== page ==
insert_linkWhat is Sleep Procrastination Depression?
With all of these menacing technological devices taking over our lives, getting to sleep early is beyond just “difficult”. Accordingly, the rise of sleep procrastination depression is becoming an increasingly severe problem for us all.
While computer technology can be fundamental for your productivity, I couldn’t rely on it always: somehow, the Internet will try to throw my ideals out the window; that will subsequently commence the negative spiral of sleep procrastination.
In fact, it is entirely possible that you are a victim of this practice—sleep procrastination—without realising.
Sleep procrastination is, to clarify:
The practice of delaying the process of going to bed thus resulting in later-than-ideal bedtimes. Consequently, this will likely lead to sleep deprivation and/or inadequate quality of sleep.
Evidently, nobody aims to procrastinate on their sleep, hence the depression part.
When you give in to sleep procrastination occurs just once, you will find trouble due to the associated negative spiral; one late night induces a negative multiplier effect creating increasingly worse situations for yourself.
To demonstrate, here is how this negative spiral of sleep procrastination depression might look like:
Use your willpower effectively: 9 Self-Control and Discipline Strategies: Break Free Now!
insert_linkThe Stubborn, Depressing Cycle of Sleep Procrastinators
Firstly, you procrastinate on going to bed—an abnormally late night.
Secondly, if you wake up at a set time, you will certainly be sleep deprived:
- You will, therefore, take on a reduced capacity to make wise, long-term decisions (less willpower).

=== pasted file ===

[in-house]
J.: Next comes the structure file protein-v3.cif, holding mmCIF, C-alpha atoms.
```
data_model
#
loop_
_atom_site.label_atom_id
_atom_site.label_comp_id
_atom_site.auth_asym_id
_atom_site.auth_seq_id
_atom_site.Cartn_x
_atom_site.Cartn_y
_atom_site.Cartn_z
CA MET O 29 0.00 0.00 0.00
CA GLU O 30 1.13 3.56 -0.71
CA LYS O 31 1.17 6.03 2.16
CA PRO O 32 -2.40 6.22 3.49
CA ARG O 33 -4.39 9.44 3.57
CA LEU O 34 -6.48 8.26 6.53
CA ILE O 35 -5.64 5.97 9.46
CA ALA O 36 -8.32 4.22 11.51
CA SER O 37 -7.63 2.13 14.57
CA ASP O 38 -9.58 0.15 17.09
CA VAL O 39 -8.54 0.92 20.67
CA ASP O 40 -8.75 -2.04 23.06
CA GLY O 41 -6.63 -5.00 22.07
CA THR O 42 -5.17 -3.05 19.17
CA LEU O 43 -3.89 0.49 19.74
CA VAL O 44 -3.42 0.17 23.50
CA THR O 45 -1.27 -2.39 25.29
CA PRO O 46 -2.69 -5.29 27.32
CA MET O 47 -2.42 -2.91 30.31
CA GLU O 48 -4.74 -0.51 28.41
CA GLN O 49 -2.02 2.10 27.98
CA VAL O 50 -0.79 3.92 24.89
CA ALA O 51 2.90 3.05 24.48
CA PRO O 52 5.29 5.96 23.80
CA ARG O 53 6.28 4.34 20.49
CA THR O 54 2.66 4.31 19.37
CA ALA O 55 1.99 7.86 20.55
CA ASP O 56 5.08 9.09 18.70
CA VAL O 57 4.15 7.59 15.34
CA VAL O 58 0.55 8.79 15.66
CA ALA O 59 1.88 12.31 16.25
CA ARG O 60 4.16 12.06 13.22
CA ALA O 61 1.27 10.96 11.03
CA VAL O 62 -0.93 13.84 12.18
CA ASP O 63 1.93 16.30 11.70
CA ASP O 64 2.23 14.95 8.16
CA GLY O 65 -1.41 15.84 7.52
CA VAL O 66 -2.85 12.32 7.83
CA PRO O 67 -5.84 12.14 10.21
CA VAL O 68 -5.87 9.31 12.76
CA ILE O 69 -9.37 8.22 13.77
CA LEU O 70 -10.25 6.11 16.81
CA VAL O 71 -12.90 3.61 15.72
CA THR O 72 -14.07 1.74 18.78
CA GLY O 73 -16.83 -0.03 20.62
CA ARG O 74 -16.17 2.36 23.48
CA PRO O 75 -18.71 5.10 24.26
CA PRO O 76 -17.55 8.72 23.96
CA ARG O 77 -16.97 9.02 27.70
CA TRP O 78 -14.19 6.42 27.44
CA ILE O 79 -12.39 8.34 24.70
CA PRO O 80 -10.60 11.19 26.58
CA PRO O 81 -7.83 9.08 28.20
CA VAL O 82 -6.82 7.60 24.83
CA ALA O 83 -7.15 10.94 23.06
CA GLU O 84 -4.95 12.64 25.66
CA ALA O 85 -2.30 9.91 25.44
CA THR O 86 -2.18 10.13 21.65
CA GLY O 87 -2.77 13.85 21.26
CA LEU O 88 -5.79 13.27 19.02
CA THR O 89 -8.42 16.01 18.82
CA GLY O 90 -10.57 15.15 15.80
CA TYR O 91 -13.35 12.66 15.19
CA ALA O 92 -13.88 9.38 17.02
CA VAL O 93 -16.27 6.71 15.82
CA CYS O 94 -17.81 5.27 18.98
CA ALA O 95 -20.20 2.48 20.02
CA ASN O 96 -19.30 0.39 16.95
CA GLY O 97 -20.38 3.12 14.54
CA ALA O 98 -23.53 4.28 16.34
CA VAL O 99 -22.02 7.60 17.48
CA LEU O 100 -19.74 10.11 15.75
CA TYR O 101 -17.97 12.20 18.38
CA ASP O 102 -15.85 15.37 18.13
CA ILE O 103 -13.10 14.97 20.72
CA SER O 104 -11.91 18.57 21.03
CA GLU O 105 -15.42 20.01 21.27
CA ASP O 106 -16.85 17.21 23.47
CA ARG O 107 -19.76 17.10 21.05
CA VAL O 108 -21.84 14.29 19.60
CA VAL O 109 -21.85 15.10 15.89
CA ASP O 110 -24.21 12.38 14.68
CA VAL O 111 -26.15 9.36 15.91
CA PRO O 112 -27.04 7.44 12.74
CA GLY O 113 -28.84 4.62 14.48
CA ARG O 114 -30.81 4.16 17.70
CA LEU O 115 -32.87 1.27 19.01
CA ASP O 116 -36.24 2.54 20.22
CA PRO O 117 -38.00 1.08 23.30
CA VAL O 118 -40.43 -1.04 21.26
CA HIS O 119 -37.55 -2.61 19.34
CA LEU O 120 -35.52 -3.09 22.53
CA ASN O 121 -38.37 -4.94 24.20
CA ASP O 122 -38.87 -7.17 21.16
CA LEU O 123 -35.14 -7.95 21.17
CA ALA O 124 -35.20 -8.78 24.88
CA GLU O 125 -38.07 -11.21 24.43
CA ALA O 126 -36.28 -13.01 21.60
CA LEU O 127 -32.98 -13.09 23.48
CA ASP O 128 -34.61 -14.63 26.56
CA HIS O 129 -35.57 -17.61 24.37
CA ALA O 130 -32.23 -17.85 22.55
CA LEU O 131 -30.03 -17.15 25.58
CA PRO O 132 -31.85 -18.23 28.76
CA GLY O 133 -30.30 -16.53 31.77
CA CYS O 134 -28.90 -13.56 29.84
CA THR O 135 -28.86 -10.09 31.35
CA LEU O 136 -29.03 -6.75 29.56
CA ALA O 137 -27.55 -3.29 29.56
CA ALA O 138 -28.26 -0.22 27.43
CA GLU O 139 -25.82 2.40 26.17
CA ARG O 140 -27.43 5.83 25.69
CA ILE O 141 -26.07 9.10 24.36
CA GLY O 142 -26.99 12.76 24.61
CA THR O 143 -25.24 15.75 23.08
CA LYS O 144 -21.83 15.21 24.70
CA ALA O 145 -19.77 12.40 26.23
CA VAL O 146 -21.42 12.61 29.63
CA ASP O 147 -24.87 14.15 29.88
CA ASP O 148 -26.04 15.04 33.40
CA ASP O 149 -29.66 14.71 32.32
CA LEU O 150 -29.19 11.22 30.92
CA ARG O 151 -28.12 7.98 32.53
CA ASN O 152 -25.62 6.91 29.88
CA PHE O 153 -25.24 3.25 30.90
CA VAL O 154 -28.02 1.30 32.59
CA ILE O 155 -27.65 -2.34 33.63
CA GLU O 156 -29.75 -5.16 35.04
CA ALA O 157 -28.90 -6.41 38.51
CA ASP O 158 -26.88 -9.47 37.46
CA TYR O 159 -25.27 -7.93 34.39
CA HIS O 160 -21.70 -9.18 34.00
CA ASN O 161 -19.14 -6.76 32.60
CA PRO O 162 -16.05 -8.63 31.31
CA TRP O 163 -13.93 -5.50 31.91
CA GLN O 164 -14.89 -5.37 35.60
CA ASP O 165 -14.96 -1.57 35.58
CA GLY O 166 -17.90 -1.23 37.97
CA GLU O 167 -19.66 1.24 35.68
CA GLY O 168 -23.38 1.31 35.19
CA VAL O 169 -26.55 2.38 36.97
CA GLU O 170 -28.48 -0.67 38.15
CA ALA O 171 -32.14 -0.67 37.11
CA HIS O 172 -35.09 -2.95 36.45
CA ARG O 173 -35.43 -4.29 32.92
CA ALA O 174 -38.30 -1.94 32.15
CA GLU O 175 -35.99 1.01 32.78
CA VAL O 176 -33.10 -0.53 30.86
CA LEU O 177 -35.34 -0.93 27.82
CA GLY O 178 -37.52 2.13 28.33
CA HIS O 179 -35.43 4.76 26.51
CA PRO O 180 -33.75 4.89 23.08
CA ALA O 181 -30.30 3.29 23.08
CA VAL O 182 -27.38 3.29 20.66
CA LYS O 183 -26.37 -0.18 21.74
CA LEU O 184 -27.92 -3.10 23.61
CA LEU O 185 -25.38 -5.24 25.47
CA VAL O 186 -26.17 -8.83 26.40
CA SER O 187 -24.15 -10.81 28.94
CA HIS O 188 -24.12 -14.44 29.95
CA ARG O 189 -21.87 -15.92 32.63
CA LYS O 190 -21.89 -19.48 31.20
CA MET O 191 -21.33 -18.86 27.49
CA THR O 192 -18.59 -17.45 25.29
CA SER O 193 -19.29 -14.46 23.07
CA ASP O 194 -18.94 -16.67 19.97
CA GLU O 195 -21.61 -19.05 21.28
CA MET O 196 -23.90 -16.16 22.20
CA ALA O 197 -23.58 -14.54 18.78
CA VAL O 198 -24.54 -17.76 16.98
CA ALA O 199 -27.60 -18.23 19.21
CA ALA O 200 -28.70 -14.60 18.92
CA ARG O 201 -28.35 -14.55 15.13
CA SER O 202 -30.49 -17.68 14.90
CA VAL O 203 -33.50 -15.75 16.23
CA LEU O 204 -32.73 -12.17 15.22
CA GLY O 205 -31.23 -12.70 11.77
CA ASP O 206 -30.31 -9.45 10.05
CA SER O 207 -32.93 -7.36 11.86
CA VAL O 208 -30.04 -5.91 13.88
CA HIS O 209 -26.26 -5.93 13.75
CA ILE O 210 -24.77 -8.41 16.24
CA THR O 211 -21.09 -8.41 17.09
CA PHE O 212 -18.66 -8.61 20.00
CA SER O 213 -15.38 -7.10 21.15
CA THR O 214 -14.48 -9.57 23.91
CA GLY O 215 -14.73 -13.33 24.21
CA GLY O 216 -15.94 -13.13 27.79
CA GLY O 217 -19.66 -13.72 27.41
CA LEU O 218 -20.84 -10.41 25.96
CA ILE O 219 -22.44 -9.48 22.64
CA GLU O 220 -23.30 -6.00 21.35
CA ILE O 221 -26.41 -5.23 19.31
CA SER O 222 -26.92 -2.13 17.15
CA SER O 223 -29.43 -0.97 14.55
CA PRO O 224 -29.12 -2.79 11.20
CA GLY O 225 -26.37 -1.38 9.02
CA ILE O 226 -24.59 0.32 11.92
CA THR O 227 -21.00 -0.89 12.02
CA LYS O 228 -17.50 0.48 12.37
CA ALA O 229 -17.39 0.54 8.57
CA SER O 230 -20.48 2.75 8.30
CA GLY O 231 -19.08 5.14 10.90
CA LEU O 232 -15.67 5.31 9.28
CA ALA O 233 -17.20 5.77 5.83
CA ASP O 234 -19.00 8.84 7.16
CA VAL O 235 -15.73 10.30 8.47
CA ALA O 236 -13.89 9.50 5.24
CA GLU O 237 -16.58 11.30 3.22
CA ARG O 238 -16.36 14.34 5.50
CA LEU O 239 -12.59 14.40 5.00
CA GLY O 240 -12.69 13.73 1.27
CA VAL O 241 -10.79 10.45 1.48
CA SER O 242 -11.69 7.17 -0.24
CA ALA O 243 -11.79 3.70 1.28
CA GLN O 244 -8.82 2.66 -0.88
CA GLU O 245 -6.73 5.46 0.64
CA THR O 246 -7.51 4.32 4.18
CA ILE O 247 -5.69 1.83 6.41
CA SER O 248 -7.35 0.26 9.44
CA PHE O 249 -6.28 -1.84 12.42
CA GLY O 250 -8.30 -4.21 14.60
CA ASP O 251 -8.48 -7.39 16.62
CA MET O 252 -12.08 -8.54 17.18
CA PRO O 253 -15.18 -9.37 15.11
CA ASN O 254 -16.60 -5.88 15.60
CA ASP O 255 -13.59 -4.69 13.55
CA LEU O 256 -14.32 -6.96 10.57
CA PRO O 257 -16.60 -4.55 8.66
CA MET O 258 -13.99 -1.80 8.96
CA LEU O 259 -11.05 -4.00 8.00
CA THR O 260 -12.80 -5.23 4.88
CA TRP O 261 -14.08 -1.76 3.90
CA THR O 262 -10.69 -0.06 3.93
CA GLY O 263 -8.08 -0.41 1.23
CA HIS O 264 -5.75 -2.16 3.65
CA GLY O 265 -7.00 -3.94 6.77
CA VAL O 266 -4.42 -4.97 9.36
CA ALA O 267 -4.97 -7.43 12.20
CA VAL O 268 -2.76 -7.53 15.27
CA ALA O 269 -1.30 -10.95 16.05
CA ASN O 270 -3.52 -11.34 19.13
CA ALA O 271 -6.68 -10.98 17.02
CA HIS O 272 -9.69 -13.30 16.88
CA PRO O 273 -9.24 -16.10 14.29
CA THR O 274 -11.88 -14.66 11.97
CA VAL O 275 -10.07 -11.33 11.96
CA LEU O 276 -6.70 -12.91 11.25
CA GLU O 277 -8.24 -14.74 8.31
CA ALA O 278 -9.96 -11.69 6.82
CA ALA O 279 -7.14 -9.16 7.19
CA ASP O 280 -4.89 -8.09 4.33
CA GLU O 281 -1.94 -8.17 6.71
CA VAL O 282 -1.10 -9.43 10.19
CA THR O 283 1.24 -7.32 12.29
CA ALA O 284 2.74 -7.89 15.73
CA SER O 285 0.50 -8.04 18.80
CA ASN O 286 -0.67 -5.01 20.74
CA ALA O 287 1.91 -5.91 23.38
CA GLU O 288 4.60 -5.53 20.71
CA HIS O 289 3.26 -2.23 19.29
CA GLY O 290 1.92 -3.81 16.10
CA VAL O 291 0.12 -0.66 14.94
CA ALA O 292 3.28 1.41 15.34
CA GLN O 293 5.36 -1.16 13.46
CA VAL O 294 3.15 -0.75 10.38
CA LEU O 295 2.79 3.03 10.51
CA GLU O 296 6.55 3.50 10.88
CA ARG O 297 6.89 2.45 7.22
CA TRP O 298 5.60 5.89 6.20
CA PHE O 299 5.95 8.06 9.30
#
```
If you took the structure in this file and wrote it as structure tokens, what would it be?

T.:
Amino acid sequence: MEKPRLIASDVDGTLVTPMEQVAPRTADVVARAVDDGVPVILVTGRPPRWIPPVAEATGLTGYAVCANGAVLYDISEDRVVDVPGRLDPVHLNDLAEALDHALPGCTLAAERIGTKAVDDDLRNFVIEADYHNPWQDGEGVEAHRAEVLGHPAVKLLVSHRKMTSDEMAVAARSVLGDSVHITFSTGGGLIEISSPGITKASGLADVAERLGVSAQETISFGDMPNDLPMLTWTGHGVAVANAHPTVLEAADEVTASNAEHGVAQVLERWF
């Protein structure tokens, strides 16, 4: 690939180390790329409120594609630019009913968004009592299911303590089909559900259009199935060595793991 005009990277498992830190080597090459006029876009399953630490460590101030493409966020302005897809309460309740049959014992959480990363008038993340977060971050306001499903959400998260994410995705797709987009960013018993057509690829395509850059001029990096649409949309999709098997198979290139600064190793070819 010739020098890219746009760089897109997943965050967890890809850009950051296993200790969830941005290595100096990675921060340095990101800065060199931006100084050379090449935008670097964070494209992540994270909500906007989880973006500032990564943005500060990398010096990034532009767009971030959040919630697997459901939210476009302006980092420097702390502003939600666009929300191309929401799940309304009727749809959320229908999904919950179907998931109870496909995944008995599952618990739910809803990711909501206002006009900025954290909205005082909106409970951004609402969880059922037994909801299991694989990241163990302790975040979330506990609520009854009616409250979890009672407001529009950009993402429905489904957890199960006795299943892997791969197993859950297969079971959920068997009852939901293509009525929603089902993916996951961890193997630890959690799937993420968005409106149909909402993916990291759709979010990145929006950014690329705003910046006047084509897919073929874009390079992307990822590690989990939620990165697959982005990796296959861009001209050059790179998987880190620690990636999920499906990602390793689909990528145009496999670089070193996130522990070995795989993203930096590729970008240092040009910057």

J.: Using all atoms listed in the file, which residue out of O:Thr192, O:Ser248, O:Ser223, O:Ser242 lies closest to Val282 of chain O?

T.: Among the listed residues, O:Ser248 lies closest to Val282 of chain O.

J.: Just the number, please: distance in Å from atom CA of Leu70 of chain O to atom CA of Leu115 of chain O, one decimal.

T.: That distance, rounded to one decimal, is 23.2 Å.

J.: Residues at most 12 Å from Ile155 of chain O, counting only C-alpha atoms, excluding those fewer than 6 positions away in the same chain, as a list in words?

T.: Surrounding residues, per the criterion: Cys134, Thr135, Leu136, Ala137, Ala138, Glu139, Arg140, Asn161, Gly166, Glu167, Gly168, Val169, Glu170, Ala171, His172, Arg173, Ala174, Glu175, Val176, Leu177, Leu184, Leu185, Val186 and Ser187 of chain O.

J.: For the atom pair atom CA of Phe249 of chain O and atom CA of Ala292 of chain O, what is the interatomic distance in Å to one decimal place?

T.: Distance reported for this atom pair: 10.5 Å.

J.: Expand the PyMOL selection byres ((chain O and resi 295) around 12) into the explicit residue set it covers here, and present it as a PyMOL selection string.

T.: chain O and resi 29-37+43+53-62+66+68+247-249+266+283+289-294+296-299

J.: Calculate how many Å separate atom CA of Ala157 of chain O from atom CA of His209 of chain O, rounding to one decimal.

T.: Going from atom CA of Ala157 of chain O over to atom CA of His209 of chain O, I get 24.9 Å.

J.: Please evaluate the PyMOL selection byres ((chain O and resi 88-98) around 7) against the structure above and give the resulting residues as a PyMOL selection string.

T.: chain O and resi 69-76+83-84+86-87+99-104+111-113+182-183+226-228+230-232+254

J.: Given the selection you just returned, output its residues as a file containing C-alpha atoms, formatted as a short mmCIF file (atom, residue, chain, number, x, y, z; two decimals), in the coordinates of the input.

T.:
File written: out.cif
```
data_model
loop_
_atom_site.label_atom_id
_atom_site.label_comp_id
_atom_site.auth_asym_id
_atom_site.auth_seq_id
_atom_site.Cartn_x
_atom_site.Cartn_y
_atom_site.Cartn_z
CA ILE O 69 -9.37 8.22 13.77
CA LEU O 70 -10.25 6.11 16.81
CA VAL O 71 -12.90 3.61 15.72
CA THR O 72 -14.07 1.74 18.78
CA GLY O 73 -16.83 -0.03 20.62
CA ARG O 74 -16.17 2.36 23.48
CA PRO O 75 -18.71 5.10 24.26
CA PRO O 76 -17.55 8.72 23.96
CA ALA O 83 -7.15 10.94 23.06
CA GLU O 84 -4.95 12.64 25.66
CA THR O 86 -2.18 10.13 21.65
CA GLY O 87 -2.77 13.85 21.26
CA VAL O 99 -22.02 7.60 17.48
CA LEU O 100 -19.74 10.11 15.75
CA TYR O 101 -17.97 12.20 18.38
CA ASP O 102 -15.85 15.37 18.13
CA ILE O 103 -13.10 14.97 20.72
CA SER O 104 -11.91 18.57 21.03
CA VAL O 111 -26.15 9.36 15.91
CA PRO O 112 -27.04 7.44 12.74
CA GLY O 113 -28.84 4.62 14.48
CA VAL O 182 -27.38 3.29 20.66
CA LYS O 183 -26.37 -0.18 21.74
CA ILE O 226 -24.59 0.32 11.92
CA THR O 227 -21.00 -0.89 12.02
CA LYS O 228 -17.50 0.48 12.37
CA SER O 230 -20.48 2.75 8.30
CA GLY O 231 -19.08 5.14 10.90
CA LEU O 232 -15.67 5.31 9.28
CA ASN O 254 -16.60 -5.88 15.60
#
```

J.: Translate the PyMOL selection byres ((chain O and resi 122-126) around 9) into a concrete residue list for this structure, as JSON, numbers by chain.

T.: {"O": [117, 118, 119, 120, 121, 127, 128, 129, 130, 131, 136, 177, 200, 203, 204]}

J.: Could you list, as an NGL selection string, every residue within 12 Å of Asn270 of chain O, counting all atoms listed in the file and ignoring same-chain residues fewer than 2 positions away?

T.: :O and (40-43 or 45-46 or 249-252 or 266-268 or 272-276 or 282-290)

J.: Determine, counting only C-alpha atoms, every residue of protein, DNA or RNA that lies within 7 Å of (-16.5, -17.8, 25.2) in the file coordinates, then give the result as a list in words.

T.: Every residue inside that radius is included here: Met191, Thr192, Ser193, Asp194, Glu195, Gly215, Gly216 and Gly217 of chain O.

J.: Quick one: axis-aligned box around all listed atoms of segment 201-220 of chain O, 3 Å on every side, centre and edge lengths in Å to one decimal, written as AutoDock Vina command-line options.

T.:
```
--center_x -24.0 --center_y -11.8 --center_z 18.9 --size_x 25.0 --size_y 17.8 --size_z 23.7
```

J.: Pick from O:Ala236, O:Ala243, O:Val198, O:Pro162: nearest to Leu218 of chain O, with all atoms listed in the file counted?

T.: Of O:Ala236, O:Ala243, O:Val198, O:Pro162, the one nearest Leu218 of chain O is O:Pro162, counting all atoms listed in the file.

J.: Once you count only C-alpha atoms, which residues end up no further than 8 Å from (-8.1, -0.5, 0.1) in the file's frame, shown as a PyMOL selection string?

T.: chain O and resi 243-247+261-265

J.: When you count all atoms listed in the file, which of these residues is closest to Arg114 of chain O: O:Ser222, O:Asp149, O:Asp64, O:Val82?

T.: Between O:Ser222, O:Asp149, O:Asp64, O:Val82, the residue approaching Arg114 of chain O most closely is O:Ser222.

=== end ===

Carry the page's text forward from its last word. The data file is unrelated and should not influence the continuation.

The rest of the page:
- Similarly, your work output would be reduced.
- You are more likely to give in to distractions, hence sleep procrastination.
On the other hand, if you don’t stick to an alarm and wake up later, you might feel all right…
- Although, your quality of sleep is definitely going to take a leisurely retreat.
- Also, you’ve foolishly shuffled your circadian rhythm forwards.
- So, when it comes to your bedtime, you will not be considerably tired.
- Likewise, I wouldn’t expect you to have much luck pulling yourself away from work.
- This results in sleep procrastination.
Thirdly, this cycle of sleep procrastination promotes depression, since you fail to get to bed early. In addition, your struggles to be productive become apparent amidst your deathly drowsiness.
Finally, the process repeats, meanwhile, your bedtime gradually drifts later and later into the evening.
insert_linkThe Benefits of an Early Bedtime and Lots of Sleep
Perhaps posing as the primary reason for its distastefulness, sleep procrastination causes sleep deprivation. As well as this, an inconsistent sleep schedule can be surprisingly harmful to your health, happiness, and—ultimately—productivity.
For a little more on the benefits of sleep, I advise that you first take a peek at this helpful guide.
Read about more sleepy tips: How to Sleep Easily for More Happiness and Better Focus
In short, here are a few noteworthy advantages of ensuring your nightly dosage of sleep:
- Your daily productivity and work output will increase dramatically (by doing much more in a shorter space of time)
- You will have the ability to get the really important but potentially intimidating tasks done
- Happiness, joy, and an absence of depression will rain down upon you
- Self-control and willpower will be abundantly available for your wise use
- At last, the ability to think straight!
- Your mind will be clear and concise for maximum focus and concentration.
The book Night School is also a fantastic source of your sleepy information.
Change your life and read Night School: The Life-Changing Science of Sleep
insert_linkSo What Causes Sleep Procrastination Depression—Even When You’re Sleep Deprived?
If the benefits of going to bed on time are so tempting and pronounced, why procrastinate on sleep? Surely, once you learn about the importance of sleep, one can become free to escape the sleep procrastination depression cycle, no?